The Affordable Care Act (ACA) gave states the tools to expand quality health coverage in two primary ways: 1) through sliding-scale subsidies for ACA-compliant health plans offered through the Health Insurance Marketplace and 2) by making adults with wages near or below the poverty line eligible for Medicaid (Medicaid expansion). There is a federal fallback for the Marketplace: HealthCare.Gov. There is no parallel federal fallback for Medicaid expansion; states must adopt it.
Today, 18 states run Marketplaces, and three take a hybrid approach. All of these states have already expanded Medicaid.
Texas could meaningfully reduce its worst-in-the-nation uninsured rate by maximizing Affordable Care Act coverage tools: by expanding Medicaid for low-wage adults, integrating the eligibility systems for Medicaid and the Marketplace, and making robust investments in marketing, outreach, and community-based application assistance.
If Texas is ready to leverage ACA tools to extend quality, affordable health coverage to its residents, it should do it the right way:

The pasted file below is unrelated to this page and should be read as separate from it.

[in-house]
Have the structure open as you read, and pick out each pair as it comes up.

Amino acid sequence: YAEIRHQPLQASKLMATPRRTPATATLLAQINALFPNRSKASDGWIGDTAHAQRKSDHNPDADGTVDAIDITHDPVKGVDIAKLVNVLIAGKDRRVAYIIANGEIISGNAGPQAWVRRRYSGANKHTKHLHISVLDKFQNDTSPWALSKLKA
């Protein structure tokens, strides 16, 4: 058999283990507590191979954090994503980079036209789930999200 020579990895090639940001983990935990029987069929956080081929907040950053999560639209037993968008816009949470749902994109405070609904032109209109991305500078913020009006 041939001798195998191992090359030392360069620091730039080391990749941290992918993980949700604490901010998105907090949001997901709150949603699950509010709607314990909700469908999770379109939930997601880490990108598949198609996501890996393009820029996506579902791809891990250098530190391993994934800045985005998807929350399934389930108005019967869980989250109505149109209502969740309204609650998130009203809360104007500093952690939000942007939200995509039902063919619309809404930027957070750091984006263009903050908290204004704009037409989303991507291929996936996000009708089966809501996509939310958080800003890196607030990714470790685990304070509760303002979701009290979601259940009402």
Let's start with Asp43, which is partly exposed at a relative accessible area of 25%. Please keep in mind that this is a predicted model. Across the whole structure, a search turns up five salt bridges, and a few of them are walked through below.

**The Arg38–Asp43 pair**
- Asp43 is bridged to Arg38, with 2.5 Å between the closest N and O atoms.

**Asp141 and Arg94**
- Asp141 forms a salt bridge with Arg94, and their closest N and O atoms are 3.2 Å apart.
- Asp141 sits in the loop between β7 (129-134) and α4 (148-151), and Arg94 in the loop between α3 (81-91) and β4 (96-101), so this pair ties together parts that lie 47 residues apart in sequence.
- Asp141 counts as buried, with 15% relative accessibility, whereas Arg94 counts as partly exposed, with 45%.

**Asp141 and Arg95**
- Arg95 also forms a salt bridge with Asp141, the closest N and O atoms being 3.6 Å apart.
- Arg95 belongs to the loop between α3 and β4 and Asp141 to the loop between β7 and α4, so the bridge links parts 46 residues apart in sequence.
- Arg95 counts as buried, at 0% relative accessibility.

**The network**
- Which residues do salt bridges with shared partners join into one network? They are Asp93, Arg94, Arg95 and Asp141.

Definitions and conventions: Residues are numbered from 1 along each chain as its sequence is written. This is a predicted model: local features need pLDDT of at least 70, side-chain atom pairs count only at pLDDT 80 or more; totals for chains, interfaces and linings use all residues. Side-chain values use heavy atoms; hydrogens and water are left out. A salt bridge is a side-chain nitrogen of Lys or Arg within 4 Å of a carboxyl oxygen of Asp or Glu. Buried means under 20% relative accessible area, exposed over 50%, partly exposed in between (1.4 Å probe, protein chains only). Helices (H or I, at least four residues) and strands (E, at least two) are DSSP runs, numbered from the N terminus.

- First, study approaches for a Marketplace, state subsidy, and/or 1332 waiver to identify ones that maximize quality coverage and minimize risks. This process must include actuarial analysis, TDI and HHSC participation, and stakeholder involvement. Upfront planning should identify and address the significant administrative, technical, financial, and health system challenges such an undertaking will entail.
- Start from a clearly articulated state goal to keep what is working well for 2.4 million Texans and build on it, so Texas can further reduce our worst-in-the-nation uninsured rate by connecting more Texans to affordable, comprehensive qualified health plans, and include needed statutory guardrails to achieve that vision, and
- Commit to making the Marketplace one part of a comprehensive state approach of maximizing Affordable Care Act tools to cover the uninsured with a focus on covering low-income Texans and Texans of color who disproportionately lack coverage, including Medicaid expansion.
 Commonwealth Fund, The Affordable Care Act’s Impact on Small Business, Oct 2018, https://www.commonwealthfund.org/sites/default/files/2018-10/Chase_ACA_impact_small_business_ ib.pdf